How to Maintain and Clean Your Cable Railing

Keep your cable railing looking it’s best. Use these cleaning techniques to clean your cable railing. Here are tips on what to do and a few precautions.

Cable railing systems significantly boost the aesthetic appeal of a home, particularly a home with a view. A cable rail is a view rail, but it also adds an invaluable safety barrier, especially on decks and stairways. 

As you are looking through the view rail, having clean material will enhance your enjoyment of your view rail.  Your cable railing needs simple care to maintain its luster and prevent damage. This is particularly true when used in exterior applications prone to harsh environmental elements, especially where exposed to saltwater, de-icing material, industrial pollutants, traffic film, and atmospheric dirt.

Cable Railing System on Stone Steps

How to Clean Your Cable Railing

Good maintenance of a cable railing needs to start the day it is installed. Yes, it will look clean and shiny after install, but it will have contaminants on the surface that will attract and adhere to the fore mentioned harsh elements. A thorough initial cleaning followed by regular cleaning and general maintenance will help protect the cable railing systems and provide a prolonged lifetime of the railings. We recommend the following maintenance tips to maintain and clean your cable railing.

What Products “NOT” To Use:

Think of your car and what you might use to clean it, likely a good quality car wash soap. You should treat your cable railing system the same way and avoid harsh chemicals and never use anything abrasive. Certain chemicals are guaranteed to damage your cable railing including Methyl Ethyl Keyton, Acetone, Mineral Spirits, Acids, Chlorine, Bleach, Bartenders Helper, Toilet Bowl Cleaners, Lacquer Thinner or Paint Thinner (if not used properly), Stainless Steel Cleaning Kits,  and any other harsh chemical may cause irreversible damage.

What Products to Use:

We recommend cleaning your cable rail/view rail with a high-quality car wash soap such as McGuire’s. These products are made with mild agents designed to cut oils, salts and other contaminants without damaging the materials. If stubborn discoloration persists you may use a light passivation agent such as Citrisurf 77 (but only according to manufacturer instructions). To remove paint splatter, do not use anything harsher than Lacquer Thinner, and only per instruction below.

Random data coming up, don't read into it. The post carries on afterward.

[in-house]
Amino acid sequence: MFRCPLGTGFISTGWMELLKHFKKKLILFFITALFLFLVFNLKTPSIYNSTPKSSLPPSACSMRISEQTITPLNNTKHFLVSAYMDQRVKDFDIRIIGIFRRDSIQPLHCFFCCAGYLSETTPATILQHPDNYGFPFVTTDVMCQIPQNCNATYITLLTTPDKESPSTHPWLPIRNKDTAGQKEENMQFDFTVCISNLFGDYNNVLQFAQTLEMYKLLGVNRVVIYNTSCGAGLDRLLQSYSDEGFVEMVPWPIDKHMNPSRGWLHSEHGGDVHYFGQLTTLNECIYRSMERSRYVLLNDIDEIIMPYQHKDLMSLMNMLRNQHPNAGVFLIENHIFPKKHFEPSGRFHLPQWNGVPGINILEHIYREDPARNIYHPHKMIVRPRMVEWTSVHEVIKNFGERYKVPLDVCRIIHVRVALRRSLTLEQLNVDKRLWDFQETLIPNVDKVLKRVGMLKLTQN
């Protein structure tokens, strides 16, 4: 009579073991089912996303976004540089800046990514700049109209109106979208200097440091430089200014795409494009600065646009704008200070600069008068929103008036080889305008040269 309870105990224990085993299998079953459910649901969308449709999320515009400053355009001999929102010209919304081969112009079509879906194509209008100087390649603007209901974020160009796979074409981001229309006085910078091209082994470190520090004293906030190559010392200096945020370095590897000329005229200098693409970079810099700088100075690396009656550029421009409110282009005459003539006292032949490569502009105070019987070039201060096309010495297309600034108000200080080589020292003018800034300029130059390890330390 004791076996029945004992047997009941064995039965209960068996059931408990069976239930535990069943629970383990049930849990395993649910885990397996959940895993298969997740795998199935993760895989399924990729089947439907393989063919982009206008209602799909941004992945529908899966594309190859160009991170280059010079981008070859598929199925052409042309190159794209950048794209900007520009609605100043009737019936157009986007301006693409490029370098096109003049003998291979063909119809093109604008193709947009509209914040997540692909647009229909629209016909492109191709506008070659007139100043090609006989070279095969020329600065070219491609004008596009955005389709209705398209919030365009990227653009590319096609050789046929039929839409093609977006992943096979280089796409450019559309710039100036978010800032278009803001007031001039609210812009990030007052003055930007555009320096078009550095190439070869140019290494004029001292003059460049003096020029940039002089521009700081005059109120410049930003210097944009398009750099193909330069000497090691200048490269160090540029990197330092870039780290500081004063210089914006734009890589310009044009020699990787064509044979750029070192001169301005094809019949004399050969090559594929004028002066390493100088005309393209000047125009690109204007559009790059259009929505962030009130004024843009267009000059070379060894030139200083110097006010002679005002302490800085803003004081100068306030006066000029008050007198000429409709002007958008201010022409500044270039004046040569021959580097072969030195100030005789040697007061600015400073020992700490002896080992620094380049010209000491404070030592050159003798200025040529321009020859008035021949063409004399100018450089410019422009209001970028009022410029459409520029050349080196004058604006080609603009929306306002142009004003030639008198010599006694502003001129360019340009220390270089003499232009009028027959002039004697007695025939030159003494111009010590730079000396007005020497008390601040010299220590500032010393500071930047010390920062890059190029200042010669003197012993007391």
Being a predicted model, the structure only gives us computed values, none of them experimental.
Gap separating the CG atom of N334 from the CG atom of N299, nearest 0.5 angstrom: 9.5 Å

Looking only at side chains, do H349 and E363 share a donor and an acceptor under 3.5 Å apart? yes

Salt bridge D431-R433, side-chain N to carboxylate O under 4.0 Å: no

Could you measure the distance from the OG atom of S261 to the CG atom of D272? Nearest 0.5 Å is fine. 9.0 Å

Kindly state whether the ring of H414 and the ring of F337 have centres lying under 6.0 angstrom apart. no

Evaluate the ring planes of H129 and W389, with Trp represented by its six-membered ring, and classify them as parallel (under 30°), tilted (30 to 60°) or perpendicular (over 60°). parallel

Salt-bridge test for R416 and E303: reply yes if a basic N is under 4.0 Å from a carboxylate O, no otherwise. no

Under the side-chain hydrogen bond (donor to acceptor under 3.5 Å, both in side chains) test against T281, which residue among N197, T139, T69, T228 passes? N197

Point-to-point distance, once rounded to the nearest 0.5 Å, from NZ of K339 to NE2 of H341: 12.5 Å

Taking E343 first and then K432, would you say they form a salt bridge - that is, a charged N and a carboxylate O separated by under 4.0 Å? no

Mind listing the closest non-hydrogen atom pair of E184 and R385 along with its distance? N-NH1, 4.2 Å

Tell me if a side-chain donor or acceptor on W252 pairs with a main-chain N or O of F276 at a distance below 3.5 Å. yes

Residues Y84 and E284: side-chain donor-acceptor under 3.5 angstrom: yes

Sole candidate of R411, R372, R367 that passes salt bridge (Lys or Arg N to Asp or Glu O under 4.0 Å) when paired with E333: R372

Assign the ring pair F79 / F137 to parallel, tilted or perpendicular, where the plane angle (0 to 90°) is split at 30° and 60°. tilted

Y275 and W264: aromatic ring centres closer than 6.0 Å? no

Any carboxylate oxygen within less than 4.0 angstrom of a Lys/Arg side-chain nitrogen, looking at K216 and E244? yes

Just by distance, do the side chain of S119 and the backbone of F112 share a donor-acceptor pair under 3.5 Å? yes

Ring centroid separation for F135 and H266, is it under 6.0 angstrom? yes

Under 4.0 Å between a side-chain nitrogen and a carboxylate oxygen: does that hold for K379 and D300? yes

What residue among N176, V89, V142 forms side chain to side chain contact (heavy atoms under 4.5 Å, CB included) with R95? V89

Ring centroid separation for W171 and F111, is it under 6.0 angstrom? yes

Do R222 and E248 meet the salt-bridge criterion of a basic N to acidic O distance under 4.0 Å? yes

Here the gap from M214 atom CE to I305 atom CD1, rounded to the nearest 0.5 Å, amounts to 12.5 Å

Routine Rinse and Wipe

Routine rinse and wipe refers to a light wiping and freshwater rinse every week or so. This cleaning process rarely takes more than a few minutes.

On the cleaning day, begin with a bucket of fresh water and lightly wipe the railing, ringing often, using fresh water and a clean cloth. This process helps to remove fingerprints, dust, and light dirt. It also removes environmental contaminants, such as salt crystals and buildup. Work in sections no more than 10 feet and rinse thoroughly after wiping each section. Aside from wiping, you can also use a light-duty pressure washer to spray your cable rail clean.

Full Cleaning

If your cable railing starts to show signs of brown discoloration or is not maintaining its luster, you need to do a full cleaning. This is usually only necessary every 3 to 6 months depending on the environment. The instructions are the same except you will add the prescribed amount of car wash soap to the bucket of water. NEVER use any harsh cleaners or abrasives.

  1. Rinse The Railing

Begin by rinsing your view rail with the instructions above or you can use a light-duty pressure washer. You don’t need too much pressure with the washer. Our recommendation is a low to medium setting. Immediately following the rise, soap the rails up with your car wash soap. Around fittings and particularly dirty or discolored areas, use a household squirt bottle with ¼ cup of car wash soap and water. Squirt this on after you have rinsed and before proceeding with cleaning. Let it sit for 10 minutes. 

2.            Bucket of Suds

Empty your rinse bucket and add your car wash soap to the manufacturer’s instruction. Using only a clean cloth or non-abrasive sponge, generously slather on the soapy water mix. Working in areas no more than 10 feet at a time, rinse the soap off after finishing a section. If you have any persistent discoloration you can try the spray bottle again.

3.            Removing Persistent Staining

Use Citrisurf 77 according to manufacturer instructions. Follow all treatments by a repeat rinse and do not skip it. Citrisurf 77 is a very light citric acid that will not harm the stainless steel if used according to the instructions. If left on the stainless steel, it can cause irreversible harm.

4.     Polish Optional

As an option, you may want to apply a “non-abrasive” marine polish to your railing. Some people find it easier to use a spray polish that does not form a chalky finish or haze on the stainless materials. It is recommended that you use a specific “non-abrasive” marine or stainless-steel polish.

Cleaning Off Specific Elements

Finally, sometimes you may need to deal with certain stubborn contaminants such as paint.

It is recommended that paint removal be done using a light application of Paint Thinner with immediate rewashing per above instruction. Paint Thinner should not be left on the railing or cables for more than a few minutes so you must work in small sections.

A Few Precautions

Never use Methyl Ethyl Keyton, Acetone, Mineral Spirits, Acids, Chlorine, Bleach, Bartenders Helper, Toilet Bowl Cleaners, Lacquer Thinner or Paint Thinner (if not used properly), Stainless Steel Cleaning Kits, or any other harsh chemical may cause irreversible damage.

Also, avoid abrasive cleaning pads, wire brushes, hard scrappers, and knives as they can cause permanent scratches to your railing.

By using these cleaning techniques, your cable railing will look brand new for years to come!